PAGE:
September 19, 2015
VOCATIONAL training promoters have been going door-to-door offering courses to vulnerable people in Warrnambool and Ballarat, leaving them deep in debt, and they may have also targeted Hamilton and Coleraine.
The Victorian Department of Education and Training says some training colleges are engaged in an “abuse” of a program that allows people to pay for their education with a Federal Government loan.
The Age newspaper this week published an investigation into training ‘brokers’ and door-to-door salesmen that were allegedly targeting disadvantaged people in country Victoria with promises of a better life through vocational courses.
Huge commissions are being offered to salesmen because the training college gets thousands of dollars in government-supplied fees upfront when a ‘student’ signs up.
A broker for a Melbourne-based training college allegedly told salesmen that they should target Housing Commission flats and other areas where residents would have no hope of ever repaying their debt the government under the FEE-HELP scheme.
Due to the huge profit margins for a successful sign-up, salesmen are offering ‘free’ laptops or iPad tablet computers to lure people into the deal.
This is despite a Federal Government ban on sign-up gifts that came into effect earlier this year.
Some new ‘students’ are being left with debts of up to $18,000 for training courses that they will have great difficulty in completing.
A Victorian Department of Education spokeswoman said “we are aware of activities where brokers have marketed VET FEE-HELP loans for training courses to people in Warrnambool”.
“The Department is aware of similar incidents in Ballarat but not in any other western Victorian communities. We have had complaints also in other regional communities over the past 12 months.
“These complaints have been referred to the national regulator, ASQA, and to the Federal Government.
“The Victorian Government has raised repeated concerns with the Federal Government about abuse of VET FEE-HELP loans and marketing practices by some providers.”
A couple from Euroa, who both have intellectual disabilities and struggle with reading and writing, told The Age that they were enrolled in vocational courses by a door-to-door salesman.
They claim the salesman coached them through the pre-enrolment literacy and numeracy tests.
There is some evidence to suggest that the training course salesmen have targeted areas in south-west and western Victoria beyond the regional population centres.
One of The Spectator’s Facebook followers from Hamilton said she was targeted by a similar training course scam except that it took place over the phone.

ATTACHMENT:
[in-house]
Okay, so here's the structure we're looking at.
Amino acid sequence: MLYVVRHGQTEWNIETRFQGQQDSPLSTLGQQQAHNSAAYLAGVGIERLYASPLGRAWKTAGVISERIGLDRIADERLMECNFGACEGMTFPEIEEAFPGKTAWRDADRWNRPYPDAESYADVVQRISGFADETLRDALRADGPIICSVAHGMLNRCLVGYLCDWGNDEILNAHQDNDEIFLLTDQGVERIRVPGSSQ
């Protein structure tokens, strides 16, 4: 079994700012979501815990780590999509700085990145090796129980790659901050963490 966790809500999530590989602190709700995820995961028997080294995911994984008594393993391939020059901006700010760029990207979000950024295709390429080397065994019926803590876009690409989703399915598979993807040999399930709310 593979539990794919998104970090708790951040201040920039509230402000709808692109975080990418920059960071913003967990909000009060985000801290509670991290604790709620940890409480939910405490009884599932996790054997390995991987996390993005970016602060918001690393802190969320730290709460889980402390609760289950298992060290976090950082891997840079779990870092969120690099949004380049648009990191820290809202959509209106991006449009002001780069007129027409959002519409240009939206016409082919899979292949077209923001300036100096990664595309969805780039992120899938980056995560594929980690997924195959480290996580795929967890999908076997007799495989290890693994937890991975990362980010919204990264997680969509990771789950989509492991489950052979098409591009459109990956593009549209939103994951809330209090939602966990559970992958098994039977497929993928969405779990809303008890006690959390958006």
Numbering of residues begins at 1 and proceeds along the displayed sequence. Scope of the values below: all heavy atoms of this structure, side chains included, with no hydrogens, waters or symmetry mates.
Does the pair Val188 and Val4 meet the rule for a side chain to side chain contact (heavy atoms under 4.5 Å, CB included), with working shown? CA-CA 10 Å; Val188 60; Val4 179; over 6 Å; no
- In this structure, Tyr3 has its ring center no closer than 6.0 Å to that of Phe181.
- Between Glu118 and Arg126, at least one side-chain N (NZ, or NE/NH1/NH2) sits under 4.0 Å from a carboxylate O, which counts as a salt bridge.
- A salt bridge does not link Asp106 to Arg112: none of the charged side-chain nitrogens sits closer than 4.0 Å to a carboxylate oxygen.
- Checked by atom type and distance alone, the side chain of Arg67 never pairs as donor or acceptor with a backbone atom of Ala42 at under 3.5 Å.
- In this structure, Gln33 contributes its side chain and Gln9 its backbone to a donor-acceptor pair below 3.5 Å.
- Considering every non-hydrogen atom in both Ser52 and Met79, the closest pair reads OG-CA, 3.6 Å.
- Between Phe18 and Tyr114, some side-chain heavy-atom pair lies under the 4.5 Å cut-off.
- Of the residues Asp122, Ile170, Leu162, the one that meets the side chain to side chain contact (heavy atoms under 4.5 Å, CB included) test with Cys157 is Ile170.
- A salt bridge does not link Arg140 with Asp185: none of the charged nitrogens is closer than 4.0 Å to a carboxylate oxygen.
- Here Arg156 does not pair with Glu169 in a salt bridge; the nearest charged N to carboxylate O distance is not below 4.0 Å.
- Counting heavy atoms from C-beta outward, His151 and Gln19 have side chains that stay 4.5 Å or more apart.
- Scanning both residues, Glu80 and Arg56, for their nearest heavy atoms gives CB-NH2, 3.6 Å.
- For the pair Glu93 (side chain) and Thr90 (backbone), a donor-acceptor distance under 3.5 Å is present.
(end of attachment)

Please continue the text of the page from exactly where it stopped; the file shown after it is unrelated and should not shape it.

On September 10 Wannon MP Dan Tehan posted a ‘Scam Alert’ on his website, writing that he had been “advised of a scam involving VET Fee Help Courses, operating particularly in the Coleraine area”.
“I have heard from a number of residents in Wannon that individuals are driving door to door taking personal information from people as part of a fake enrolment process under the guise of getting a free laptop. Personal information they are seeking includes your Driver’s Licence, Medicare card and your Tax File Number.
“If you encounter anyone who claims to be from a VET FEE HELP Course or Education provider, please do not provide them with any of your personal information or money. I would also encourage you to report any contact with the offenders to your local police.”
The Spectator asked Mr Tehan if this website post was connected to alleged rorts investigated by The Age.
Mr Tehan did not answer directly but highlighted previous federal regulation of training course salesmen and said greater penalties and restrictions would come into force next year.
“Since we came to government we have been working to ensure the system operates with greater security for students and less opportunity for manipulation,” Mr Tehan said.
“This has included the banning of inducements, banning course withdrawal fees, banning misleading statements around free courses, and providing greater compliance structures that include penalties for brokers and providers.
“In addition to the restrictions already being put in place, we will be banning the levying of the full debt load for courses in one hit and have the power to remit debt and recoup costs from providers with severe penalties from January 1, 2016.”
Hamilton Police Sergeant Paul Stanhope told The Spectator that no complaints had been received in the last two months concerning door-to-door training salesmen.